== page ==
NHS Forth Valley Consultant Ophthalmologist, Dr Iain Livingstone, and Dr Mario Giardini, senior lecturer in the University of Strathclyde’s Department of Biomedical Engineering, have developed two prototype devices to test for ‘lazy eye’ in children who are too young to speak or follow instructions for a conventional eye test.
The first uses a computer screen webcam and bespoke analysis software. Test patterns are presented on the computer monitor while the webcam focuses on the subject. The computer then analyses the video stream from the webcam, and detects whether or not the target image has been seen.
The second prototype functions in the same way, but uses a virtual reality headset instead of a webcam.
Both platforms were tested on healthy child and adult volunteers, who wore blurring lenses to simulate visual defects. Both were successful in detecting whether visual targets had been seen.
Dr Livingstone said: “Children with amblyopia or ‘lazy eye’ may struggle to see clearly and have difficulty with depth perception. If left untreated, vision may never reach normal levels, leading to lifelong problems.
"Early diagnosis is crucial because the younger the child can be treated, ideally in early infancy, the greater the chance of a successful outcome.
“Children who have not yet learned to speak cannot follow instructions so the standard eye tests, which involve presenting a child with a printed card or paddle, rely on the child’s ‘looking response’ to determine whether or not they have seen the target pattern.”
Dr Giardini added: “As human beings we’re hard wired to recognise faces and high contrast objects.
"We know that from a few hours after birth a baby will turn their eyes to a high contrast object or a face, so we wanted to explore how paediatric vision testing protocols can be transformed using digital technologies, where there is no operator to distract the child.”
Amblyopia, or ‘lazy eye’, affects around one child in 50 in the UK. It occurs when there is a breakdown in the way in which the brain and eyes work together.
Normally, the brain processes visual information from both eyes to enable us to see.
However, if an eye condition such as a squint, long or short-sightedness, or cataract, causes visual impairment in one eye, the brain may start to rely solely on signals from the ‘stronger’ eye, causing the vision in the ‘weaker’ eye to deteriorate further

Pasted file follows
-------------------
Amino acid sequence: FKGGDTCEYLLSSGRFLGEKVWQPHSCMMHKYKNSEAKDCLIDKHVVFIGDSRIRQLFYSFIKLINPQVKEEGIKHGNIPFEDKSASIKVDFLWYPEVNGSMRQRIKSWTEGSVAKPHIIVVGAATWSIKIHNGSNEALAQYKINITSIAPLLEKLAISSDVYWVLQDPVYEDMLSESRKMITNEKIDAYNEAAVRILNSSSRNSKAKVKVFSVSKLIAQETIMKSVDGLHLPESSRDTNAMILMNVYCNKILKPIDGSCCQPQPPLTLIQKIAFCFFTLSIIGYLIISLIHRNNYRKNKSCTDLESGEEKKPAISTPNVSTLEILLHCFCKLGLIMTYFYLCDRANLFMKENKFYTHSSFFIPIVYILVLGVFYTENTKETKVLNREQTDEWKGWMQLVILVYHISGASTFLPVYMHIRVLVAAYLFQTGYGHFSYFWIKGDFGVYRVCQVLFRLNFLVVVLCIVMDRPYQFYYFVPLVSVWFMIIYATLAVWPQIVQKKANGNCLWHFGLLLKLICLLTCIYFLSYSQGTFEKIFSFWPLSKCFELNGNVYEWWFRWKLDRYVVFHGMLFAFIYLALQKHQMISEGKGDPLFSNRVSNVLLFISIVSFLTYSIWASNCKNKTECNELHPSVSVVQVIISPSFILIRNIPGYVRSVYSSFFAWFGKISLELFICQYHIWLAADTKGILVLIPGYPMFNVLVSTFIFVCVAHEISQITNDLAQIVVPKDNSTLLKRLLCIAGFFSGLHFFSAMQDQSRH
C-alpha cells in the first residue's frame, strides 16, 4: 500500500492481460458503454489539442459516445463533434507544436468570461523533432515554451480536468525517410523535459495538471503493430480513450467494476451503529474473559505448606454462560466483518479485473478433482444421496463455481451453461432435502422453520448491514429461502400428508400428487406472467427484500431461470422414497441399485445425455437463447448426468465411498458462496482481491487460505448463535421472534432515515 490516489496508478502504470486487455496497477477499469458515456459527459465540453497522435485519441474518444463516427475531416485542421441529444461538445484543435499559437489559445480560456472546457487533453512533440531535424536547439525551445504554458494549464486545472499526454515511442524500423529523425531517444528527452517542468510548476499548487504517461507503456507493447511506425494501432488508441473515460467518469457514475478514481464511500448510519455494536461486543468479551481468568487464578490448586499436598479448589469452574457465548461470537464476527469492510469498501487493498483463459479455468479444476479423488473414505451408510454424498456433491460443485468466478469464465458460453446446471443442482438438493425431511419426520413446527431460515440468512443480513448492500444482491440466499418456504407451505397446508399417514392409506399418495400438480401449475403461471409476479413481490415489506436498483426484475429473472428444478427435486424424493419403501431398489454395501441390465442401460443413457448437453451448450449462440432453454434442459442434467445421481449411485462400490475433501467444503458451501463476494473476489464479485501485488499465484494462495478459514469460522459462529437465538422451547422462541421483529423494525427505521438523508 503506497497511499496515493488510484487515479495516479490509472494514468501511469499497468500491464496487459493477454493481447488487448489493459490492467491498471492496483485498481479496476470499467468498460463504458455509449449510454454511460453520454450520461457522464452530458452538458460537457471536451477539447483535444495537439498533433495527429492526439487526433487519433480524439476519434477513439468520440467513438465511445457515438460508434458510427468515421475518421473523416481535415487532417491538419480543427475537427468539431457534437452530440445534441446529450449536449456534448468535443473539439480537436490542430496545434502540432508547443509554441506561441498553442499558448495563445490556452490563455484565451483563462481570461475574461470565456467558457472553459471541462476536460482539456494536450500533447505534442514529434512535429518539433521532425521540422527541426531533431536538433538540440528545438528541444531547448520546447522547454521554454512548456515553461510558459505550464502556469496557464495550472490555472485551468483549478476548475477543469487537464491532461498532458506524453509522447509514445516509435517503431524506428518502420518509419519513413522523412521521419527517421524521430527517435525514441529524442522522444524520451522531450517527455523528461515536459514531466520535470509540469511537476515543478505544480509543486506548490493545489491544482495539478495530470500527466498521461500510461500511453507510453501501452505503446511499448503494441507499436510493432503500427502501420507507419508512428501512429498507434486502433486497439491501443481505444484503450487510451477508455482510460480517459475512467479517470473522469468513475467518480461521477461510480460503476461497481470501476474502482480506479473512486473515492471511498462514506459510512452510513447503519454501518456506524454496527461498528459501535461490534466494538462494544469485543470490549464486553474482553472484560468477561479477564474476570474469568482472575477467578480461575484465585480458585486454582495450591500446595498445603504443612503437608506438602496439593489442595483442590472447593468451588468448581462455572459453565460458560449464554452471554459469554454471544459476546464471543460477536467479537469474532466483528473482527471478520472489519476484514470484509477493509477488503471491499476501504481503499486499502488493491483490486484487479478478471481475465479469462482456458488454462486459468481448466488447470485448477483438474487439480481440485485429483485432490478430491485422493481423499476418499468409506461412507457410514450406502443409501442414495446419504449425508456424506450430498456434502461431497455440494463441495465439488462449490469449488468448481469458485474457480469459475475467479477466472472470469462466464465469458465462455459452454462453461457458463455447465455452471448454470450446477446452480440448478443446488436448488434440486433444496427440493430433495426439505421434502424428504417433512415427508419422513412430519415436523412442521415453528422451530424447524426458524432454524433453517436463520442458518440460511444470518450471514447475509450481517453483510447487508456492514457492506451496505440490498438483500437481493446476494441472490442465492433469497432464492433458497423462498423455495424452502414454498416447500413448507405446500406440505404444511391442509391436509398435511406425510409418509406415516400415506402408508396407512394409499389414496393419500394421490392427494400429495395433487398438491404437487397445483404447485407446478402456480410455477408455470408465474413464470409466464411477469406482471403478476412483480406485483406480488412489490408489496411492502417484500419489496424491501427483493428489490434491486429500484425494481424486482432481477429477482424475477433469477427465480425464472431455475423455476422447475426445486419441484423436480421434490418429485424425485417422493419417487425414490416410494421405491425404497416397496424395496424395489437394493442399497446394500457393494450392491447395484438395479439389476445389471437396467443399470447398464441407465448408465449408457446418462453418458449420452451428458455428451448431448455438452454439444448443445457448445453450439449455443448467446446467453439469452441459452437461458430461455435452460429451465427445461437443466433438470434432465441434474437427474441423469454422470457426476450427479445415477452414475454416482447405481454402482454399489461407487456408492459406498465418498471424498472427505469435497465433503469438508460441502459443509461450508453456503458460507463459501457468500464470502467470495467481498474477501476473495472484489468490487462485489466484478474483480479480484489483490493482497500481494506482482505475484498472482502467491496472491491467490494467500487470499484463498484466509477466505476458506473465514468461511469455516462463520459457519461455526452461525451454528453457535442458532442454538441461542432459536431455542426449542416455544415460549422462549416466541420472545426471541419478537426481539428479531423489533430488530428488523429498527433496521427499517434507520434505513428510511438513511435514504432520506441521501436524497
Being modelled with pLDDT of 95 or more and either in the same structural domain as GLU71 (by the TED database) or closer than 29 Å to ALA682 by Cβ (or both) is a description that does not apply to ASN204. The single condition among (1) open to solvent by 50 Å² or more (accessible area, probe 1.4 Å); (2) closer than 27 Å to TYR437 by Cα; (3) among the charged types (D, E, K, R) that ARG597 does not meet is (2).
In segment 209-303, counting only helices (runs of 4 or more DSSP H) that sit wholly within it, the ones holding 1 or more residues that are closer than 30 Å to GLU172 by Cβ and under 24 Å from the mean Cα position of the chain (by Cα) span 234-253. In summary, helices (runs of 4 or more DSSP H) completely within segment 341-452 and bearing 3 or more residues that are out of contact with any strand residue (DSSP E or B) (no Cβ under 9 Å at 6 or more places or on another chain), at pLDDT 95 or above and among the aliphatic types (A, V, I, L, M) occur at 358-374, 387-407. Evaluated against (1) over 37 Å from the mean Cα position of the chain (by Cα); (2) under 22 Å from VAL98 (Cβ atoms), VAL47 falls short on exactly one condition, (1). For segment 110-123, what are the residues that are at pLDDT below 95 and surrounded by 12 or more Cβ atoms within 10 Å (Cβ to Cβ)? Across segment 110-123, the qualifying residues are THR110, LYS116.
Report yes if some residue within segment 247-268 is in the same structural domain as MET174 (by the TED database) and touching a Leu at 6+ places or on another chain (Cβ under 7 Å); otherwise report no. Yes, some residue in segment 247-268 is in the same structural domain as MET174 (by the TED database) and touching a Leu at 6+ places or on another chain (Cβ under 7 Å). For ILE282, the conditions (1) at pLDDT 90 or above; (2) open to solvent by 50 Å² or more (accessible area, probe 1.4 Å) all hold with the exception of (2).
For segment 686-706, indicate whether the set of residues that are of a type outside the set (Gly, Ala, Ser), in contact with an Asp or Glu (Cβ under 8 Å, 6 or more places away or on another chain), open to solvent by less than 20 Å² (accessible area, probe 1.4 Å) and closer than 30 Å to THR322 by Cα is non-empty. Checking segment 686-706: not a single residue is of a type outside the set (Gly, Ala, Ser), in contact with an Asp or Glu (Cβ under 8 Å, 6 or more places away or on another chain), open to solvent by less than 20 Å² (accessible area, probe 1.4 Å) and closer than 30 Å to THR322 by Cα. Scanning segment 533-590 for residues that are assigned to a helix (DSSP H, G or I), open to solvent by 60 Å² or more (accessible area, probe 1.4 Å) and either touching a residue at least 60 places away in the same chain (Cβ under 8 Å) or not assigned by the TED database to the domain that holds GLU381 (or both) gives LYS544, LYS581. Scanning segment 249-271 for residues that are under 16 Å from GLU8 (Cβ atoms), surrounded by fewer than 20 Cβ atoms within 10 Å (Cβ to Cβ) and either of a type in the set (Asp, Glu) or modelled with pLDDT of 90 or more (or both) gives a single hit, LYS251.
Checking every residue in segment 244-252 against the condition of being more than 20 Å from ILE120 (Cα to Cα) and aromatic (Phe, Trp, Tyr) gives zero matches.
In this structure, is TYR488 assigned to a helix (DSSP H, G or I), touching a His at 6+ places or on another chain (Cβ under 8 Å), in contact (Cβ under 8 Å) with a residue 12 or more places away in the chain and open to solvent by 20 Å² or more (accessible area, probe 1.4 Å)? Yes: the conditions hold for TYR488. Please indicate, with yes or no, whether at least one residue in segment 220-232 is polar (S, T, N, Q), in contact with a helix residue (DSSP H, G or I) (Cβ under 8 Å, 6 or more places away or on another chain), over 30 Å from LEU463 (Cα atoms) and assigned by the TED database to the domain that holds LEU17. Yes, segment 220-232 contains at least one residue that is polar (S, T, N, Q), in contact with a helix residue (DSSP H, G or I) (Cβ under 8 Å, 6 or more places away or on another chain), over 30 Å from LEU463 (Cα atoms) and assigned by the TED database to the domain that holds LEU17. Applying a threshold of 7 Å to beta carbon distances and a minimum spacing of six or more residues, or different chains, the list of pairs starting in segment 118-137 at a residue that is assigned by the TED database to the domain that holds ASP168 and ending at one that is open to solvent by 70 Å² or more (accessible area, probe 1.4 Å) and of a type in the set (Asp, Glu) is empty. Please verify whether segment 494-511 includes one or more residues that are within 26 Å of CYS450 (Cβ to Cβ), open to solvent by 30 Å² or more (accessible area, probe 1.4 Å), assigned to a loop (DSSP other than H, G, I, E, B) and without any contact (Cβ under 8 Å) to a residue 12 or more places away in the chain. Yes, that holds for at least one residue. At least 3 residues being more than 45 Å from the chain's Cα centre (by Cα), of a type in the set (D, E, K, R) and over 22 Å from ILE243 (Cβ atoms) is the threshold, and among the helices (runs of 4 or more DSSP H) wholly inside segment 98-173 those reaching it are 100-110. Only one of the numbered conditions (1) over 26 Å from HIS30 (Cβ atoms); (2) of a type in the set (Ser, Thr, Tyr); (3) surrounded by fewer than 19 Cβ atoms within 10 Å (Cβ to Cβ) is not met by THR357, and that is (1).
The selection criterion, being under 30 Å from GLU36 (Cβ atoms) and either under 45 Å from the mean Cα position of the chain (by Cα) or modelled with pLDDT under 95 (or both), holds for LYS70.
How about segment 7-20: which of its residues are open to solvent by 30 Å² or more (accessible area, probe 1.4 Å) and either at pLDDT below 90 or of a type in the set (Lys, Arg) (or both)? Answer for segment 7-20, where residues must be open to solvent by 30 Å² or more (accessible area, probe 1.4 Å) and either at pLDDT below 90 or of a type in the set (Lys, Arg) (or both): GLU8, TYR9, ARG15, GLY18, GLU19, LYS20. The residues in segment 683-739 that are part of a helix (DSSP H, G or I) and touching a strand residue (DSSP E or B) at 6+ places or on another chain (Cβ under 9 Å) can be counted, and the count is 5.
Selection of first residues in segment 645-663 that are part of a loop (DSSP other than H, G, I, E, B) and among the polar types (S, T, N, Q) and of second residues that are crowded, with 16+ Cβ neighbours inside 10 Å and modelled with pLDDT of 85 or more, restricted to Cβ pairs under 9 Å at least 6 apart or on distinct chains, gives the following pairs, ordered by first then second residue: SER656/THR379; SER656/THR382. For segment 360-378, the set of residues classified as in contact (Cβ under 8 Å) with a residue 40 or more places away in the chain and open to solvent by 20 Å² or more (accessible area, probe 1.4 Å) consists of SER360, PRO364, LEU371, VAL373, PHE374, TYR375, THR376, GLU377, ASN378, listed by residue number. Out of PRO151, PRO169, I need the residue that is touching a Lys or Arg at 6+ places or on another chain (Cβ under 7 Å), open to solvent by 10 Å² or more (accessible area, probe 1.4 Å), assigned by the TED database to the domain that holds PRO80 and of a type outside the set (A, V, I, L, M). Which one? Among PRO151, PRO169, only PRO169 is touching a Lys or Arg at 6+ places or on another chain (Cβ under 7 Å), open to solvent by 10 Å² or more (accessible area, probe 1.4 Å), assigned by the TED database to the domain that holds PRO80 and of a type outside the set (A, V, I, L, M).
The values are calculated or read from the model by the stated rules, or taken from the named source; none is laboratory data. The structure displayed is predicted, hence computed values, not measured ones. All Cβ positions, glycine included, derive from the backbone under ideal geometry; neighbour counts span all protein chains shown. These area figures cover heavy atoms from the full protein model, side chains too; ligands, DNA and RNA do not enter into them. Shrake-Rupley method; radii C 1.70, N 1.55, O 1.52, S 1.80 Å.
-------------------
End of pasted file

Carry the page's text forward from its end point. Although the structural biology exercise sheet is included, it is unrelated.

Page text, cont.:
Across the world, where tests are available, they need to be administered in a hospital or specialist healthcare setting, by highly skilled personnel, who are trained to evaluate the child’s attention response, which makes large scale screening a challenge.
In countries where screening programmes are available, they are normally directed at older children, aged around four to five, who are able to follow instructions and engage with testing. By this age, however, the treatment for amblyopia is likely to be less effective.
Dr Giardini said: “Our method for vision testing in infants can be fully automated at a low cost and doesn’t require operator skills, which means it can be used for amblyopia testing in schools and other community settings, with a potential massive impact to test children both in the UK and worldwide.
“By moving difficult diagnostics from specialists to the community, this work makes healthcare more accessible, and reduces inequalities of access. These developments clearly show what can be achieved through the open collaboration between technologists in Strathclyde and doctors within the NHS.”
The development and testing of the prototypes began with a grant from Sight Research UK and the Rosetrees Trust. It has attracted further investment from The RS Macdonald Charitable Trust and the University of Strathclyde’s Centre for Doctoral Training in Medical Devices, funded by the Engineering and Physical Sciences Research Council, part of UK Research & Innovation.
This will support the development of prototype screening tests within the next two years, with the screening tool’s broader diagnostic potential also being investigated.